Paper Information

Title: 

TREADMILL RUNNING REVERSES RETENTION DEFICIT INDUCED BY MORPHINE

Type: SPEECH
Author(s): ALAEI H.A.*
 
 *DEPARTMENT OF PHYSIOLOGY, SCHOOL OF MEDICINE
 
Name of Seminar: IRANIAN CONGRESS OF PHYSIOLOGY AND PHARMACOLOGY
Type of Seminar:  CONGRESS
Sponsor:  PHYSIOLOGY AND PHARMACOLOGY SOCIETY, MASHHAD UNIVERSITY OF MEDICAL SCIENCE
Date:  2007Volume 18
 
 
Abstract: 

Human and animal studies have suggested that exercise has benefits overall health and cognitive function. The aim of this study was to investigate the effect of treadmill running on learning and memory and levels of glutamate in the dentate gyrus of hippocampus in intact and morphine treated rats.
The passive avoidance learning was measured in different time intervals (1, 2 and 24 hours as well as 1 week and 1 month). Treadmill trained and corresponding control rats went through spatial learning process on a Morris water maze for 8 days. The time to reach the platform (latency), the length of swim path, and the swim speed were used for the evaluation of spatial learning. In vitro microdialysis also was used to this study for measuring the level of glutamate during one hour. Four groups of rats were included as follows: control, exercised-saline, morphine-treated and exercised-morphine treated groups. The data obtained was analyzed using unpaired Students t-test and ANOVA test.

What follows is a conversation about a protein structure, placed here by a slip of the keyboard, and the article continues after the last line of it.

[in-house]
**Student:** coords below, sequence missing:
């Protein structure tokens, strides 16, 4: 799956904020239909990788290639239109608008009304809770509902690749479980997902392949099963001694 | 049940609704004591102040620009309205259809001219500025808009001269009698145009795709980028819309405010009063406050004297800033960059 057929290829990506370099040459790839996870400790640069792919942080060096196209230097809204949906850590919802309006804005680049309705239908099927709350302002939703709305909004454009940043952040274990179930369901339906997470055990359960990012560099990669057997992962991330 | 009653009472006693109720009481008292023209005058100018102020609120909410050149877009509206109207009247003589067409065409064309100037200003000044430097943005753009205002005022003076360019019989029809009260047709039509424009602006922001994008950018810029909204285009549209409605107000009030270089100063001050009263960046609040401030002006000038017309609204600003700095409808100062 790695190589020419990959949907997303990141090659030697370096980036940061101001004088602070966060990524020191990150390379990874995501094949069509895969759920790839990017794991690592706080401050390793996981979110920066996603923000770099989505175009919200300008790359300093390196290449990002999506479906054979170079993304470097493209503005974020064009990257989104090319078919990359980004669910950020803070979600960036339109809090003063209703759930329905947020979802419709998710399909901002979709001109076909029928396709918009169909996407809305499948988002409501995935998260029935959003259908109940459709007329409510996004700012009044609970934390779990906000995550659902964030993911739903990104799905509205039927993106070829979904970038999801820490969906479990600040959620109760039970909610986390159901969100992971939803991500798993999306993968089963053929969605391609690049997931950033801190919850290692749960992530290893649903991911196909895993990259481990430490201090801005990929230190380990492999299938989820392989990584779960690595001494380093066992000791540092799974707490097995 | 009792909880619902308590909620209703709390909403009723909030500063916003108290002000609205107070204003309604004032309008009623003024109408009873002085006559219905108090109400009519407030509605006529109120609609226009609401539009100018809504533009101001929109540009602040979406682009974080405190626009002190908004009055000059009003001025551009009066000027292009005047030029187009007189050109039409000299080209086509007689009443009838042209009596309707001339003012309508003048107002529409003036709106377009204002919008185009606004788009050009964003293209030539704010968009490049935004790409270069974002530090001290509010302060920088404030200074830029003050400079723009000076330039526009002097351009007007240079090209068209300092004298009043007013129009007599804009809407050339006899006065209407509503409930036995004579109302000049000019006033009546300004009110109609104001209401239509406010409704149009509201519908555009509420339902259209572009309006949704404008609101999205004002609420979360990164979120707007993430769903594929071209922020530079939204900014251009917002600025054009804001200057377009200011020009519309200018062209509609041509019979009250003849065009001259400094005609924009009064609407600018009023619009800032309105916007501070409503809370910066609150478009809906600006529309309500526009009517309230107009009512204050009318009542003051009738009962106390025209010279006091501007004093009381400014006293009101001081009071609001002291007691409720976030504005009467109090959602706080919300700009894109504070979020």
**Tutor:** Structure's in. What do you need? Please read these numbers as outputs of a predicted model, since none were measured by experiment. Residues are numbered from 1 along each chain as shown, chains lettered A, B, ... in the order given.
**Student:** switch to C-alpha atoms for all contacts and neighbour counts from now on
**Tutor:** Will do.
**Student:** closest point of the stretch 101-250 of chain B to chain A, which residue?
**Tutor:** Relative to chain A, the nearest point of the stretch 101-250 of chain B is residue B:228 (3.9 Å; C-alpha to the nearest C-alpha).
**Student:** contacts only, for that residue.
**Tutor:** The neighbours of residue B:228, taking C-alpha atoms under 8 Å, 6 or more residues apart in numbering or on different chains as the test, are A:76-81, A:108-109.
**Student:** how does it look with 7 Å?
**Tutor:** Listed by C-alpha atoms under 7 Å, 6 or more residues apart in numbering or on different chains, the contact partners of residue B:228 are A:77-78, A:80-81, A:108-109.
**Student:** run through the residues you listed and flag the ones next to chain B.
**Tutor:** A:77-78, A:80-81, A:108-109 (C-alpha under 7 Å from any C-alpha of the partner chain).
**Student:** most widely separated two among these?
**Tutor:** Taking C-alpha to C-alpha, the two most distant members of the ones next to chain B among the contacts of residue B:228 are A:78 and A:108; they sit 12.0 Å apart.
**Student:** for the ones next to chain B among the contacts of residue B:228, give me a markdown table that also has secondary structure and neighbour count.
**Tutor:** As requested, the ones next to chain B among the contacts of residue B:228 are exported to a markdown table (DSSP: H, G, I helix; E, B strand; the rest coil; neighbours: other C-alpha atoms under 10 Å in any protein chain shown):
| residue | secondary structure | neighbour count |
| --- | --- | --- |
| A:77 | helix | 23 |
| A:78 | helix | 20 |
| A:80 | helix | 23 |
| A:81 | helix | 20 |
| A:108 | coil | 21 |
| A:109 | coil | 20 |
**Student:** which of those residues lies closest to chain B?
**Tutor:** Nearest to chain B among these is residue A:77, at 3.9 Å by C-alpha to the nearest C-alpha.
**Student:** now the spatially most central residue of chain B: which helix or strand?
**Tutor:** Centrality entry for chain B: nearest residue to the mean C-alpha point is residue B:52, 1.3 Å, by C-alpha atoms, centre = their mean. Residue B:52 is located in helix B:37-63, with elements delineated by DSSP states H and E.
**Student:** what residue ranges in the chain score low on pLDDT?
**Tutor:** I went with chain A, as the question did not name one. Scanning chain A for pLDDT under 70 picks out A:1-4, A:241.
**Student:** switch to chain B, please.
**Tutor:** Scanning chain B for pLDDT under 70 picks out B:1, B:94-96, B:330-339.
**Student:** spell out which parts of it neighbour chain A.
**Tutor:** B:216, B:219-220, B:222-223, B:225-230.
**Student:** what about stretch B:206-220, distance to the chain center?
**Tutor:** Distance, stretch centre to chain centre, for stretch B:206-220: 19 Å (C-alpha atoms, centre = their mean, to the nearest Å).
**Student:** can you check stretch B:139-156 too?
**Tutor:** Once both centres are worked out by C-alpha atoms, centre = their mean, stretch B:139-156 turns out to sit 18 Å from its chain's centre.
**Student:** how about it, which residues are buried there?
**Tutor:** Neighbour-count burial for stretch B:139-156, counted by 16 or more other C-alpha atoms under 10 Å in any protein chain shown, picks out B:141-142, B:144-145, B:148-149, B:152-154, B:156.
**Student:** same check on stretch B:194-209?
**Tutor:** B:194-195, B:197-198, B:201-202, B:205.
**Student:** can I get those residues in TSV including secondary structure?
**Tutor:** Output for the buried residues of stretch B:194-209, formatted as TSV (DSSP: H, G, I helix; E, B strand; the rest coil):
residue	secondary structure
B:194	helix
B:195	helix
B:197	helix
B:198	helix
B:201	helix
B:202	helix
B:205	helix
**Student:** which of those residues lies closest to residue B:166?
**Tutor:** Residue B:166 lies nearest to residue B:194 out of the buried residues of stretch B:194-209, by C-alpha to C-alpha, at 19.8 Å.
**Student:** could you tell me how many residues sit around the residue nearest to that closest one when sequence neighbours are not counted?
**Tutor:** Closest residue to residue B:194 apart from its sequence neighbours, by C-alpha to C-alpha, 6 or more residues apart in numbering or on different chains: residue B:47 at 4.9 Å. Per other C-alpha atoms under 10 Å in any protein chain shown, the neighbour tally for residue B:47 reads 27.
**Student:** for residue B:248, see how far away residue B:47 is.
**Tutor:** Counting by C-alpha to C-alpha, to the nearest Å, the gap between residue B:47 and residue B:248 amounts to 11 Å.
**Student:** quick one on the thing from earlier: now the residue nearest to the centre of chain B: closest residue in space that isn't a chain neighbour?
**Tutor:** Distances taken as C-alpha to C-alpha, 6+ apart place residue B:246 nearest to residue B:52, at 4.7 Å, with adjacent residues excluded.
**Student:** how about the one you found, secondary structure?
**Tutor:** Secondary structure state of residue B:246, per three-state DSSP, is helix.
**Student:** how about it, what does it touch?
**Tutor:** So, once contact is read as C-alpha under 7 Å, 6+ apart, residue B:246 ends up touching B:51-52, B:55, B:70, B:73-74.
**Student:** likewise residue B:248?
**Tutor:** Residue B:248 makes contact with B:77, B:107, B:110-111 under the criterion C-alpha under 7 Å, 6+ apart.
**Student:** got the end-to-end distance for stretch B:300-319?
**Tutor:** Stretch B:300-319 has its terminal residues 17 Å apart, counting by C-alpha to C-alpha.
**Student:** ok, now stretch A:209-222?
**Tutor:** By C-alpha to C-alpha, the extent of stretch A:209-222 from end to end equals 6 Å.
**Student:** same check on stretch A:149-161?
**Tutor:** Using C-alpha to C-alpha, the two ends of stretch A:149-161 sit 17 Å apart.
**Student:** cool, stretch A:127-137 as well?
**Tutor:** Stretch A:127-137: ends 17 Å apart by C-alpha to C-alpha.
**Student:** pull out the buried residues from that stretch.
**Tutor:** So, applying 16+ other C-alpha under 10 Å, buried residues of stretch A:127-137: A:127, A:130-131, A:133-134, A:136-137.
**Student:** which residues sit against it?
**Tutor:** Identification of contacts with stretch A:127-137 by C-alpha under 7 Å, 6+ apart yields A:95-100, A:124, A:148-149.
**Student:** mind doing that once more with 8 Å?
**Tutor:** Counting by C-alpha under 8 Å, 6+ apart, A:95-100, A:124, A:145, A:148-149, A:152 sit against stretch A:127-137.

The results showed that the avoidance learning was significantly increased in exercise-saline and exercise-morphine treated groups as indicated by the increased total time delay to entry in the dark box compared with the control groups (p>0.05). Our results also showed that physical activity produced a significant enhancement in spatial learning, with a decreased path length (p>0.05) latency (p>0.05) and increased the swim speed to the platform in exercise- morphine treated in comparison with control and morphine treated groups in Morris water maze. Furthermore, release of glutamate were significantly increased in dentate gyros of the exercised-morphine treated rats in comparison with other groups (p>0.05). In conclusion our findings suggest that the morphine impaired the avoidance learning and short-term memory and this was reversed by the treadmill running. But combination of exercise and morphine increased spatial learning and concentration of glutamate. It could be mediated through the activation of glutamate receptors in the dentate gyros and glutamate may play an important role in potentiation of learning.

 
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